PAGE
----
Thursday, February 26, 2009

Jeremy James Siegel

Jeremy Siegel is right and the Roubini minions are missing the point

Jeremy Siegel wrote an op-ed on the WSJ saying the current earnings methodology is incorrect. He is right in some scenarios yet all the Roubini minions who feel they need to be bearish to be right are attacking him. They would be right in normal circustances but Siegel is correct when you are talking about massive negative earnings, negative networth and stocks close to $0(low weighting in the index)

Lets say all the financials go down to $0.01c a share and they continue to lose billions matter of fact they lose so much, the SP500 earnings are negative according to the current SP methology
the PE of the SP500 is infinite, their earnings never recover and they keep losing forever
If you buy the SP500, you are essentially getting financials
for free, yes they lose money but so what, you get all the other sectors who are making money and paying dividends for your income. You donot lose on the aggregate because common stocks under deeply negative networth, bankruptcy dont create a liability for you

Another example, lets say all stocks go to $0.01c a share except for XOM, they are all losing huge amounts but for some reason XOM keeps printing money, if you buy the SPY you are getting the sp499 for free and an nicely profitable XOM who will make you money and pay dividends. Yet according to the Siegel critics its a bad buy because the index has negative earnings and an infinite PE forever, yet what are you doing is
essentially buying XOM and getting free options on the rest, since common stocks dont create liabilities even if they have negative networth or go bust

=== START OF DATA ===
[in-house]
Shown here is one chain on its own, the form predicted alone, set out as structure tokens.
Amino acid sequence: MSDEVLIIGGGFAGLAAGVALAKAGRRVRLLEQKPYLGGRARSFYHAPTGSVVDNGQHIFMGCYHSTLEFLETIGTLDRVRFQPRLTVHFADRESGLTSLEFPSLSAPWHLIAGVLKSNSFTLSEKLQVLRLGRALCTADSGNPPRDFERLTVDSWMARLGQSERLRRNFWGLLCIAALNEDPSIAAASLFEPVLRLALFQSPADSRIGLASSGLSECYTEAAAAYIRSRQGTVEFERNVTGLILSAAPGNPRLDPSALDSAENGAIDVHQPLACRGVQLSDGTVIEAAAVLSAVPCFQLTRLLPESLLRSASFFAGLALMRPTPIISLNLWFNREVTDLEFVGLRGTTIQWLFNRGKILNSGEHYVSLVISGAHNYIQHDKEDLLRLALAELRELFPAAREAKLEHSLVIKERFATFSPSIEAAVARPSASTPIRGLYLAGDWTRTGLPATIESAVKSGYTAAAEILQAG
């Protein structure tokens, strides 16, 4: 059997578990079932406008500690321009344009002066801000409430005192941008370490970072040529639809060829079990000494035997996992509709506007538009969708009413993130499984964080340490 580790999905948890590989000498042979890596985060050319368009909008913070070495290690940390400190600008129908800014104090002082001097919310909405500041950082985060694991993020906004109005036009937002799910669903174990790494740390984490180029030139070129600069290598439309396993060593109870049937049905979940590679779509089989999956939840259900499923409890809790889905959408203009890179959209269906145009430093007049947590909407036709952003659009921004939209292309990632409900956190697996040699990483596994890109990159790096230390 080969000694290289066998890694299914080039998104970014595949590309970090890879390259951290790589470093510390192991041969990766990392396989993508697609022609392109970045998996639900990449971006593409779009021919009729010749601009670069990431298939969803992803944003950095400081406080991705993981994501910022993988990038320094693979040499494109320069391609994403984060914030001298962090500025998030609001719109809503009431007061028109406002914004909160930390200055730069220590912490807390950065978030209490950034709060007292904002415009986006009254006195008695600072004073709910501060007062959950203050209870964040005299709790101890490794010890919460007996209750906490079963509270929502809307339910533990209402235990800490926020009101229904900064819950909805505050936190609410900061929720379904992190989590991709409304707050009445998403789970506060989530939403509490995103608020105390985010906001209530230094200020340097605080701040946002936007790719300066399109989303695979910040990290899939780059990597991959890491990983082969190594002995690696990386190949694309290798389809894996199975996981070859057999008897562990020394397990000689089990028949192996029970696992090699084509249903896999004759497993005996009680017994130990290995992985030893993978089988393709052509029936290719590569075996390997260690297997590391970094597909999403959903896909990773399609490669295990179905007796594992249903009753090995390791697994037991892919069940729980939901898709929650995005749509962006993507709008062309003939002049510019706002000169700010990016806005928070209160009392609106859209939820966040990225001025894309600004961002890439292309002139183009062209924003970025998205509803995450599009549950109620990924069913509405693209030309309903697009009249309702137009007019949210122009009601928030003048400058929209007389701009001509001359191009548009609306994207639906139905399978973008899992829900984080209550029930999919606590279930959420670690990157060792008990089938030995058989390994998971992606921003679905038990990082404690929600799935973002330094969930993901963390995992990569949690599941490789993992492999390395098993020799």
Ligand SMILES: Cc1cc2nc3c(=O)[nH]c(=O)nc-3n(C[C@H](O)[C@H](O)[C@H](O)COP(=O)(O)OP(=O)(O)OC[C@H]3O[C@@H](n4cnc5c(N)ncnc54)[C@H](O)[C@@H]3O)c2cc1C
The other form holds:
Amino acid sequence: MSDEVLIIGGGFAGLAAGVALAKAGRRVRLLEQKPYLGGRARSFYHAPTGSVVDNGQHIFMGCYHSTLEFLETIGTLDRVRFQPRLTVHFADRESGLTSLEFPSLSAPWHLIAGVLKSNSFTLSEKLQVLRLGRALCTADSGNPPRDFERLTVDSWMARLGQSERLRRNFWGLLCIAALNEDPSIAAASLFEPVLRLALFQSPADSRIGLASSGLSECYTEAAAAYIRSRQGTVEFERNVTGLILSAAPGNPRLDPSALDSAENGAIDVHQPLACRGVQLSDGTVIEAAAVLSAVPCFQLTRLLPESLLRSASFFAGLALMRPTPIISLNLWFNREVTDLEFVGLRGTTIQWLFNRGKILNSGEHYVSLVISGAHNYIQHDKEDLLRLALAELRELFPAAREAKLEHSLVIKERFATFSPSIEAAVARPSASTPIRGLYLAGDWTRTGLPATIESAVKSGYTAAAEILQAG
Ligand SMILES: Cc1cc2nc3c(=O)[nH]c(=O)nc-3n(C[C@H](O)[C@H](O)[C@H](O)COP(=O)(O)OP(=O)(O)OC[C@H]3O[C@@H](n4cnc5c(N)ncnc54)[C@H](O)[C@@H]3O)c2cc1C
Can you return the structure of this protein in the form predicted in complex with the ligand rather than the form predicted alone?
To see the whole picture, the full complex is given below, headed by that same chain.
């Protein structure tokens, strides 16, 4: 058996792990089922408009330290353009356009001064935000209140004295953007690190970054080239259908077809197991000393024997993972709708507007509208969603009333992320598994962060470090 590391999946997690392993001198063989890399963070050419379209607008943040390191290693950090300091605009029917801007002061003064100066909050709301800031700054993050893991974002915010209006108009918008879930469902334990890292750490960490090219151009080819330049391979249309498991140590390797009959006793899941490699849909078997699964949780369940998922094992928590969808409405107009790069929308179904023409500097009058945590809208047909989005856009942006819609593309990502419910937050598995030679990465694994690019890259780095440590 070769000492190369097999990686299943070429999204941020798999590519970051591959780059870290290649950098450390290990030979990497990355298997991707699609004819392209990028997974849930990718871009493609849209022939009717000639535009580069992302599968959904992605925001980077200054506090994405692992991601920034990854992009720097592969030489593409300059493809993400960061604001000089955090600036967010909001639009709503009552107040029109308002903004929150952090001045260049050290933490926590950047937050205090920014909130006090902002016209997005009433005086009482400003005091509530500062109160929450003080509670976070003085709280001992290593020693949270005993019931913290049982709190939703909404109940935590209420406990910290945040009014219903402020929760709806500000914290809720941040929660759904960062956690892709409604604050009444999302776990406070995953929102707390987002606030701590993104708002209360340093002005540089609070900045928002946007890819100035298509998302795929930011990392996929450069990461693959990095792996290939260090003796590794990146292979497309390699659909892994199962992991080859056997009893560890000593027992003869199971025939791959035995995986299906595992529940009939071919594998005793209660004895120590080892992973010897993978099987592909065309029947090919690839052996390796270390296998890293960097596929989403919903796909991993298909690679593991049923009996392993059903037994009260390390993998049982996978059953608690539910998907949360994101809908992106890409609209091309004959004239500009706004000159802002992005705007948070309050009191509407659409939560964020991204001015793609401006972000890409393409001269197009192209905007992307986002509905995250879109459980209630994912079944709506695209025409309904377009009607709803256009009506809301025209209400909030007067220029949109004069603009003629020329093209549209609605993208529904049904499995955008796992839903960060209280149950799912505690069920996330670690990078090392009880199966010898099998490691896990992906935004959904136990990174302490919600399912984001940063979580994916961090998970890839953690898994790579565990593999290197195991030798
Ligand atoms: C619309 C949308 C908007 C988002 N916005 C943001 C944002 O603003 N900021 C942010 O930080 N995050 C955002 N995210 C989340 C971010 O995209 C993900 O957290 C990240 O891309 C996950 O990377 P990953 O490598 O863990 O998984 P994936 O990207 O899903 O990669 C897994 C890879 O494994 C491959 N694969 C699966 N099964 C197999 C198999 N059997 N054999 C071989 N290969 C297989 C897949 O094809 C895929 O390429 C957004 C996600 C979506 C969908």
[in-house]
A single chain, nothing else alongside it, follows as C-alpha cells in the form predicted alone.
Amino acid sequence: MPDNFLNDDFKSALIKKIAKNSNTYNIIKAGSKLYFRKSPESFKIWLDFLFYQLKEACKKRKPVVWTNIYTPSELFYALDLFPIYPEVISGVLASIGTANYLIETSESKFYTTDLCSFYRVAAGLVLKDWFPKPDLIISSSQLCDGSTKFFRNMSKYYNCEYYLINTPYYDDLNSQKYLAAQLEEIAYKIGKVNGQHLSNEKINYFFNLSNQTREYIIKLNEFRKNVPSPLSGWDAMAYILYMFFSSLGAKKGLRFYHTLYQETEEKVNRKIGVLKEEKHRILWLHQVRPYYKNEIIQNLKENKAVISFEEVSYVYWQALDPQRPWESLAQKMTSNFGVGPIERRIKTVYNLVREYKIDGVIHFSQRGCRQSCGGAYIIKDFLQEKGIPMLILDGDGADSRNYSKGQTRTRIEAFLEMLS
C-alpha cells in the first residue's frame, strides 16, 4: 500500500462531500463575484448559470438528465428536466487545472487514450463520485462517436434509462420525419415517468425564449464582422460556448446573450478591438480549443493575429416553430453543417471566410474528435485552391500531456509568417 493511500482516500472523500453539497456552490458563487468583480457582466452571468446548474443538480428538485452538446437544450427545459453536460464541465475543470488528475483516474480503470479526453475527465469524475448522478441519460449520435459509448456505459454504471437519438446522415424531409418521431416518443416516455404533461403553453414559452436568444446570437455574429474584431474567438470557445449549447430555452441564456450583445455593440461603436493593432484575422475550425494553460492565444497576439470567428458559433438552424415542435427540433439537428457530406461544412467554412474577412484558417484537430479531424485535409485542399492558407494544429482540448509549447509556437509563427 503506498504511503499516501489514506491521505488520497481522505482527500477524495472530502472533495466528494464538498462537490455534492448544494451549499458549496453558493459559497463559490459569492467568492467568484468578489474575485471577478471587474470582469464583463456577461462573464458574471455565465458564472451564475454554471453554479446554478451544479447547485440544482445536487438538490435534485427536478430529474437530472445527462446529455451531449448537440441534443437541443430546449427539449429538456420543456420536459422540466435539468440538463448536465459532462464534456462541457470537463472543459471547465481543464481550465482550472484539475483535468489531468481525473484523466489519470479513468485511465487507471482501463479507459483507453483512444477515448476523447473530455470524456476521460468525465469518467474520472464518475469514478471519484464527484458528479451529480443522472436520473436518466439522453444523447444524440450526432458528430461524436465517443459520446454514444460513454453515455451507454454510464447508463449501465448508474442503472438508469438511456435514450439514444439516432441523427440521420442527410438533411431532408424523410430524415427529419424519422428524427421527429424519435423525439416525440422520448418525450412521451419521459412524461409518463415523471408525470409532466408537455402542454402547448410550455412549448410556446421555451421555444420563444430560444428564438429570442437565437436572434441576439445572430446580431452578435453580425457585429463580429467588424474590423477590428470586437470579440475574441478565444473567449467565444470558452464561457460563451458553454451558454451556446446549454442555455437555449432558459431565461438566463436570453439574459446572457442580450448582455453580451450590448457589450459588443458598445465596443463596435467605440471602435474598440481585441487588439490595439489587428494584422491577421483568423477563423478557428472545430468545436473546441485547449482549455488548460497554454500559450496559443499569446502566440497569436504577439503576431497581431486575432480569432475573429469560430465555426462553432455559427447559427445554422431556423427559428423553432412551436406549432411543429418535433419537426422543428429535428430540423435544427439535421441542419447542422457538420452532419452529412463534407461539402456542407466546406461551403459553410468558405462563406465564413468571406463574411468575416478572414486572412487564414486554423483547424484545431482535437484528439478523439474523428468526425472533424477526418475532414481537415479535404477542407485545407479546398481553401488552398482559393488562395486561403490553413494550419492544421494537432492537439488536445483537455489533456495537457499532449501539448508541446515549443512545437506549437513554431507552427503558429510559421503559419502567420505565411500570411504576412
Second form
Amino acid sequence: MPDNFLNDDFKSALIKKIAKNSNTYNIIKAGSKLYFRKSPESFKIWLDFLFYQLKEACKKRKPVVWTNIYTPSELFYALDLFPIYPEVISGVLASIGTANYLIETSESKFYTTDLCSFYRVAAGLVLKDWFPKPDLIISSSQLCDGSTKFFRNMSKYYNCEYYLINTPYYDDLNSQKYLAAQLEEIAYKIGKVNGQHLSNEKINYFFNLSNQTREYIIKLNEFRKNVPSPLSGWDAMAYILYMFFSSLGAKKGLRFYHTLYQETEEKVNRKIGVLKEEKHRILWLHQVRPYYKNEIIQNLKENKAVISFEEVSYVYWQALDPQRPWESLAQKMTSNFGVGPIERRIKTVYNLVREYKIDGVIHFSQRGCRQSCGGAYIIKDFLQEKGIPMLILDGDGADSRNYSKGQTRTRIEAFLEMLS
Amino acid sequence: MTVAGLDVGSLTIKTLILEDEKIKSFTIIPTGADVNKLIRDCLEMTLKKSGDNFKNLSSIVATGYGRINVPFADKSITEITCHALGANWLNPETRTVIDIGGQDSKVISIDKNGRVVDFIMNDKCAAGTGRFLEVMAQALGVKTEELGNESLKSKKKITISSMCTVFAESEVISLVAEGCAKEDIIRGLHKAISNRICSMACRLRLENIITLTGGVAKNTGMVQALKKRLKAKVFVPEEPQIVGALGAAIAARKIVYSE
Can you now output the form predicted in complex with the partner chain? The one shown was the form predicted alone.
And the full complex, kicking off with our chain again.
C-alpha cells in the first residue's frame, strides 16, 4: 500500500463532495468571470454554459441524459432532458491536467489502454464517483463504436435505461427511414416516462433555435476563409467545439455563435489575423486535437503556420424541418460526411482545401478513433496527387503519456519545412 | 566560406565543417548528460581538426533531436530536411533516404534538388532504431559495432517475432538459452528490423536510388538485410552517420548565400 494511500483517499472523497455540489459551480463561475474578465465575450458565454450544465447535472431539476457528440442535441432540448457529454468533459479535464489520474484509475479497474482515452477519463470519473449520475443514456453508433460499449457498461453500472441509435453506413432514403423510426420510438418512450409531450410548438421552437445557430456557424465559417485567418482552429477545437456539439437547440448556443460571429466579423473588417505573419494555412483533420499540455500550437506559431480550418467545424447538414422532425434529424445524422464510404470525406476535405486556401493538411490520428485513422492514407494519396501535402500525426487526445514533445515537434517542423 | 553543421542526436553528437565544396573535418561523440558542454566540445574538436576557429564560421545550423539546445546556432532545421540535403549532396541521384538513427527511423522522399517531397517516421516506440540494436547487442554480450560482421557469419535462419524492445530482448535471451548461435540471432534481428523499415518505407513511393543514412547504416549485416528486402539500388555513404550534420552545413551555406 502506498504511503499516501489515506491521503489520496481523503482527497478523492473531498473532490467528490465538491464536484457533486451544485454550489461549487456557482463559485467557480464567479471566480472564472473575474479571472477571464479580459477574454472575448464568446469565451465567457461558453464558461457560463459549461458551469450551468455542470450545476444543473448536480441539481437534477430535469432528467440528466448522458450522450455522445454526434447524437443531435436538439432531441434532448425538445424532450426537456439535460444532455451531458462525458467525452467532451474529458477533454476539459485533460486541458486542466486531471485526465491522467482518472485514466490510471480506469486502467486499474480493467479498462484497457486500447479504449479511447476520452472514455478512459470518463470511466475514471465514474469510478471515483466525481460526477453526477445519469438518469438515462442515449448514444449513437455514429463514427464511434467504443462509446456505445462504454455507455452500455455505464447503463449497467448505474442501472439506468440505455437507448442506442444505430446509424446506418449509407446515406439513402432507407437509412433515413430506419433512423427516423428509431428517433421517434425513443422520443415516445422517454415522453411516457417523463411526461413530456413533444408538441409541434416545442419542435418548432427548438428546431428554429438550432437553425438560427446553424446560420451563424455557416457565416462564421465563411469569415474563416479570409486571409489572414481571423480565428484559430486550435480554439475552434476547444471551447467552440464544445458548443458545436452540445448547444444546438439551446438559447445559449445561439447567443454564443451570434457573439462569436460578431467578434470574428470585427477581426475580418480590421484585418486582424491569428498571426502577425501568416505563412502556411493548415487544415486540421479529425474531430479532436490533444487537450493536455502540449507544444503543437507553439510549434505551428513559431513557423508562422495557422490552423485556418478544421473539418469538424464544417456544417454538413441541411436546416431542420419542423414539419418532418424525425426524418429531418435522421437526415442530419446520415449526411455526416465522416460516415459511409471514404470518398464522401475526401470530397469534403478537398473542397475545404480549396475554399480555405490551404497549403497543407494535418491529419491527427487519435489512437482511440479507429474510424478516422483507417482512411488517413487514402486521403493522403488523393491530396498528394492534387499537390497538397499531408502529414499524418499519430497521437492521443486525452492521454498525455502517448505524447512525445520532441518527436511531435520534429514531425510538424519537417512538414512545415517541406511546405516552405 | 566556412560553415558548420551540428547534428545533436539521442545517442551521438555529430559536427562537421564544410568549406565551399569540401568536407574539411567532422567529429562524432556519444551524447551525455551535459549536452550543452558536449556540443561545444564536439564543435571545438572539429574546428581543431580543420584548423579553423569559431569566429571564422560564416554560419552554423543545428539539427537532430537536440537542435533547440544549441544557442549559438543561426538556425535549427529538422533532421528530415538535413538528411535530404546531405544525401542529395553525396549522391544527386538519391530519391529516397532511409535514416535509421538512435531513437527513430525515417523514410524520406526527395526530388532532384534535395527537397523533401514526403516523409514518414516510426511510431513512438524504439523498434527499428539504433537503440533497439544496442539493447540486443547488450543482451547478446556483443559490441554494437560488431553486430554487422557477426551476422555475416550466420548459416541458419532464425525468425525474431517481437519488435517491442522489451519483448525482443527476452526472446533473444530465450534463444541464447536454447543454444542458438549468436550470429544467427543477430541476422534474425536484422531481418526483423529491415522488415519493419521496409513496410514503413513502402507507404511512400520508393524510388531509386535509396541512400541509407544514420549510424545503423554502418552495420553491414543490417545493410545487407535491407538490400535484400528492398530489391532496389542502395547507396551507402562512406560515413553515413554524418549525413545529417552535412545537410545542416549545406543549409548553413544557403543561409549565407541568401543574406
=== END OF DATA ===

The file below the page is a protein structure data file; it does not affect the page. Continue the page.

So the total earnings of the SP500 donot matter in those scenarios, what matters is
what you get when you buy it and what price you paid for it. Thats because common stocks offers unlimited upside with limited downside

Bespoke wrote this
"Imagine you have two investments. The first is worth $1,000, and over the last year it generated $100 in ncome. The second investment is only worth $100, but over the last year, it had a loss of $100. Most people would probably think of their investments in the way S&P calculates the earnings for the S&P 500. You would have total investments of $1,100 ($1,000+$100) and earnings of zero ($100 profit on $1,000 investment plus $100 loss on $100 investment). "

Their mistake is not carrying that logic further, lets say the $100 investment(Inv1) on the second year loses $50,000(not a typo), and the $1000 investment(Inv2) earns $200. The Inv1
is a writeoff to you by then(its market value will be close to $0 as well), you probably dont expect anything from that ever again, you will mark down that investment to $0, so what that Inv1 earns is 100% irrelevant because common stocks dont create a liability to you. You will 100% care about Inv2 as it will became your index with 100% mental weighting, yet according to the current methodology as a long that 'dog' is in the index, it will produce massive negative earnings for that index and an infinite PE ratio

Bottom line is that financials are distorting the PE ratio of the SP500 and Siegel is right that stocks are cheaper than they appear(Even though I'm not long yet)


  1. siegel is definitely NOT right, but that doesn't mean that there isn't a different point we can take from this, which is the one you discuss. as a commenter on another forum explained, "the creditors eat those losses, not the shareholders"

  2. agreed, Siegel is definitely wrong. All of these other more nuanced points about whether or not the P/E in these extreme cases is good indicator of over all market value are valid arguments. Unfortunately, if you read the op-ed this is not the argument that Siegel lays out. Instead he challenges S&P's calculation of P/E to ultimately imply that stocks are cheap. Bottom line is that S&P calculates the P/E for the index correctly.

  3. Kid and anon,
    I think Siegel could be 100% right even in non 'lower bound' situations. I think I will post about in the next few days

  4. maybe you should roll out a "100% mental index" ETF.


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